France – Sudden termination of international contracts

Time to read: 18 min

Article 442-1.II of the French Commercial Code (former Article L. 442-6.I.5 °) sanctions the termination by a trader of a written contract or an informal business relationship without giving sufficient written prior notice. Over the last twenty years, this article became the recurring legal basis for all compensation actions (up to 18 months of gross margin, plus other damages) when a commercial relationship or a contract ends (totally or even partially).

How can a foreign company master the risk linked to the “sudden termination of commercial relations” set by French law?

Foreign companies doing business with a French counterpart should:

  • know that this article applies to almost all type of commercial relationship or contracts, whether written or not, fixed-term or not;
  • check whether its relation/contract is sufficiently long, regular and significant and whether the other party has a legitimate belief in the continuation of this relation/contract;
  • give a written notice of termination or non-renewal (or even of a major modification), which length takes mainly into account the duration of the relation, irrespectively of the length of the contractual notice;
  • invoke, with cautiousness, force majeure and gross negligence of the party, to set aside “sudden termination”;
  • anticipate, in case of insufficient notice, a compensation which amount is the product of the average monthly gross margin per the length of non-granted prior notice.

How to master the “Sudden Termination” French rules?

When French law is applicable (see Part 2 of this post), the foreign company will face the legal regime of article L442 -1.II of the French Commercial Code (ex L442-6.II.5°) sanctioning ”sudden termination”. It is therefore important to know the headlines to manage the risks related to this rule or the possibilities to exclude or limit this risk.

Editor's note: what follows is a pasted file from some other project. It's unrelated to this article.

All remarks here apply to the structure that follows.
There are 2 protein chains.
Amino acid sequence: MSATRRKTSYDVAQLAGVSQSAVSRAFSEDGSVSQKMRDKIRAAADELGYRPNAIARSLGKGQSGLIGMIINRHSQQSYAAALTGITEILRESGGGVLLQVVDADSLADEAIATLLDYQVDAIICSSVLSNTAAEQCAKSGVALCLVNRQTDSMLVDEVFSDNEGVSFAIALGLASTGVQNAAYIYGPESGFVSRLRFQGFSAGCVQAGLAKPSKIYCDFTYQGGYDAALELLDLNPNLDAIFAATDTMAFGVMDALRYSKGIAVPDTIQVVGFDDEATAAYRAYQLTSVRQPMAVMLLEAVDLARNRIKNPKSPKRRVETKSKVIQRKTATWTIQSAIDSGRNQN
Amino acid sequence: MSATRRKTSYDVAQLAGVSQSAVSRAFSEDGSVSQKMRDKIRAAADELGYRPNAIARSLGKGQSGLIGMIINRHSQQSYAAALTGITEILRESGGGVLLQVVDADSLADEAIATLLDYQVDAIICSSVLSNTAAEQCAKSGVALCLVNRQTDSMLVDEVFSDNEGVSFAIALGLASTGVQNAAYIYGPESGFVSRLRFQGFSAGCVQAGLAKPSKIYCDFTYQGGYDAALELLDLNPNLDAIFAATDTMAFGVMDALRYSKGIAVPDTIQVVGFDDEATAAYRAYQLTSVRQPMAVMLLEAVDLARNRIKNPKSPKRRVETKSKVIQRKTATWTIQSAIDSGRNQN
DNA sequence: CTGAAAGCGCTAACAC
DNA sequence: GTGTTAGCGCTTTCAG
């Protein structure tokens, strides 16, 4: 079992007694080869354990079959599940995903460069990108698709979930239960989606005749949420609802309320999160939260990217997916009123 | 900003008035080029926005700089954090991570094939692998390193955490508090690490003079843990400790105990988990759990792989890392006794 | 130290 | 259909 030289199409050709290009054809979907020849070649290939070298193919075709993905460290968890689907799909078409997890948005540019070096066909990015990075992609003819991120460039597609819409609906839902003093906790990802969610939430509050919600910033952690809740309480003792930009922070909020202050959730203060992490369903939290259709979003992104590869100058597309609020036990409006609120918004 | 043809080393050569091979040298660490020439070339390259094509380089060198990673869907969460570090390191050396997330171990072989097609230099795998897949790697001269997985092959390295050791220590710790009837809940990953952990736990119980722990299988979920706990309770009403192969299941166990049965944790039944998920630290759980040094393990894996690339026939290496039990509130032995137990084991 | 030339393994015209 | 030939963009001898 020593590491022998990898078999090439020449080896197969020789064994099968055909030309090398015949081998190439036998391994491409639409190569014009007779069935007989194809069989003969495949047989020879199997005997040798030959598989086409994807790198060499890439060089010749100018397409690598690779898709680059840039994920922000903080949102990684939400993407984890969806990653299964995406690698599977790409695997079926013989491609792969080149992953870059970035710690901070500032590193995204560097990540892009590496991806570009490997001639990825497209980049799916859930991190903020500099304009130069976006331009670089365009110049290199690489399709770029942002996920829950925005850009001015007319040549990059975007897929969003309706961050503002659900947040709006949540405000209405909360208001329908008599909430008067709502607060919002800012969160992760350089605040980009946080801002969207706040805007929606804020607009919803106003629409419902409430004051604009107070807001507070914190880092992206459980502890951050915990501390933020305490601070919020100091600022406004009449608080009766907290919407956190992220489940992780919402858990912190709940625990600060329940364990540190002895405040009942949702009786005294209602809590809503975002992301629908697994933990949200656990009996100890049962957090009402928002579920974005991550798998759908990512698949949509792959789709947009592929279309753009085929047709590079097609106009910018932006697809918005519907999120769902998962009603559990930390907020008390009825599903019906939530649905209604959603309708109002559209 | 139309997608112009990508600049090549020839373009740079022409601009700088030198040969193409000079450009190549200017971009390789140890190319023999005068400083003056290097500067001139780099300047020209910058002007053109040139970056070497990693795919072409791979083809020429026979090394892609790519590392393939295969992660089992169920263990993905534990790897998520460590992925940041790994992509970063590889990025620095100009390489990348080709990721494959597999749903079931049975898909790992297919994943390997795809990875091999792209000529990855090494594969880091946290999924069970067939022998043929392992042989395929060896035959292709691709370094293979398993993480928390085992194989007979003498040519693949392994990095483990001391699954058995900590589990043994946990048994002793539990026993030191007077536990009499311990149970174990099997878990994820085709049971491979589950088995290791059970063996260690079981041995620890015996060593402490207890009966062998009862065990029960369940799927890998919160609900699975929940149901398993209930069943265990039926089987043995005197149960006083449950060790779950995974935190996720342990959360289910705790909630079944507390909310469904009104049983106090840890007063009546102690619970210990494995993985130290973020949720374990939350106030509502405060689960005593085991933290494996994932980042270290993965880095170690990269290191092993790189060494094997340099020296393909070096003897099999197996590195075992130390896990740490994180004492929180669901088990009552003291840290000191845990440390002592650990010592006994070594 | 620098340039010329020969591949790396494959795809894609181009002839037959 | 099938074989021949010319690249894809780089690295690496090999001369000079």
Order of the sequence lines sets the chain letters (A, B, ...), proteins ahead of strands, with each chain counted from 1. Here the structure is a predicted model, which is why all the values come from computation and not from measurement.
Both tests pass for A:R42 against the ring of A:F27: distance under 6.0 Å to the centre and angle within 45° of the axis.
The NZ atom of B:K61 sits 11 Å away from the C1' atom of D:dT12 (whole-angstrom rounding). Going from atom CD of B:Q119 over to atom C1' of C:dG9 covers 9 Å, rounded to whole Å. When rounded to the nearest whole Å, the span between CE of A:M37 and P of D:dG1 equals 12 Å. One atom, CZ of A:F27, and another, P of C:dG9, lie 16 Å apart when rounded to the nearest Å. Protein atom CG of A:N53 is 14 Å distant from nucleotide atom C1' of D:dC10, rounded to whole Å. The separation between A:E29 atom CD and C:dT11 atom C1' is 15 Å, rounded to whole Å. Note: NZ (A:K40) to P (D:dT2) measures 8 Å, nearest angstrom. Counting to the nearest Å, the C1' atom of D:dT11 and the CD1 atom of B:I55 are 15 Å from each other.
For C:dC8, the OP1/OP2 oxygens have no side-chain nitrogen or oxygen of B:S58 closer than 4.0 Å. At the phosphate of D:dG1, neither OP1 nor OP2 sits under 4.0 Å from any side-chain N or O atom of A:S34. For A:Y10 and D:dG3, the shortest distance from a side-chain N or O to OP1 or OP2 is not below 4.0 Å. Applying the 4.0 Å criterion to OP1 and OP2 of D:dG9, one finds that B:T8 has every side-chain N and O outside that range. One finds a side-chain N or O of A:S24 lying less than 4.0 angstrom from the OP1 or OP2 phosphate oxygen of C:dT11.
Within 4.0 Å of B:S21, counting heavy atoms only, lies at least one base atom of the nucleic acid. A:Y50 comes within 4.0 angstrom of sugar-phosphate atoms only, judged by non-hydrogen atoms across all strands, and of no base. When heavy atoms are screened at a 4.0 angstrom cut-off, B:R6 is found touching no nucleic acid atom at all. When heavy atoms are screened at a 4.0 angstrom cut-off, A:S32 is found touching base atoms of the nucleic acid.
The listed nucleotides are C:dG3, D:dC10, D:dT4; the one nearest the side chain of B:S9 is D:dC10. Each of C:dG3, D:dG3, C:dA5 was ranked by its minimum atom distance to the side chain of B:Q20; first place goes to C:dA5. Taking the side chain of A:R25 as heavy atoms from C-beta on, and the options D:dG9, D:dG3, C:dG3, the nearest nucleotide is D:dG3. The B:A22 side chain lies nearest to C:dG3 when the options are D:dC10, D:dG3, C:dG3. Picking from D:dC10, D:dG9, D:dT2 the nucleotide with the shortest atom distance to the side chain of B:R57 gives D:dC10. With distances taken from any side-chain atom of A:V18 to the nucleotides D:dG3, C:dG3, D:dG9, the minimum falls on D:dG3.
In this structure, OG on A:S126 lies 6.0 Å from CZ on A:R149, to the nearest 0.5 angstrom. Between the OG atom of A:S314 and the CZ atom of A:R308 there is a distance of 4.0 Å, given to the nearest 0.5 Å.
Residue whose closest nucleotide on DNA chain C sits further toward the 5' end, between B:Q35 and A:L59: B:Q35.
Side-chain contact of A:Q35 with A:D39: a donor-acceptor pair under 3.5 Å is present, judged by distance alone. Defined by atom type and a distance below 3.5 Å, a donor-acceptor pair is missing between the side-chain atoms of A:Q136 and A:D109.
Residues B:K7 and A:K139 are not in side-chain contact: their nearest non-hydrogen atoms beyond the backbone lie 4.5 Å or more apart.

As a preliminary remark, it is important to know, above all, that the implementation of the liability for “sudden termination” is the consequence of a too short notice. Thus, and contrary to what might be suggested by the claims submitted by the victims, this scheme does not lay down an automatic compensation rule. In other words, as soon as reasonable notice is given by the author of the termination, liability on that basis can be dismissed. Beyond this reminder of common sense, there are certain conditions that a foreign company must check in order to verify if and how it is subjected to this rule.

Scope of “Sudden Termination”

All contracts are covered by this legal regime, except for contracts whose regulations provide for a specific notice of termination, like commercial agency contracts and transport of goods by road subcontracts.

The prerequisite for “Sudden Termination”: an established commercial relationship

First, there must be a relationship that can be proven by a written contract or de facto, by behaviour of the parties (e.g. order and order confirmation). This relationship may be based on a succession of tacitly renewed contracts or a regular flow of business, materialized by multiple orders.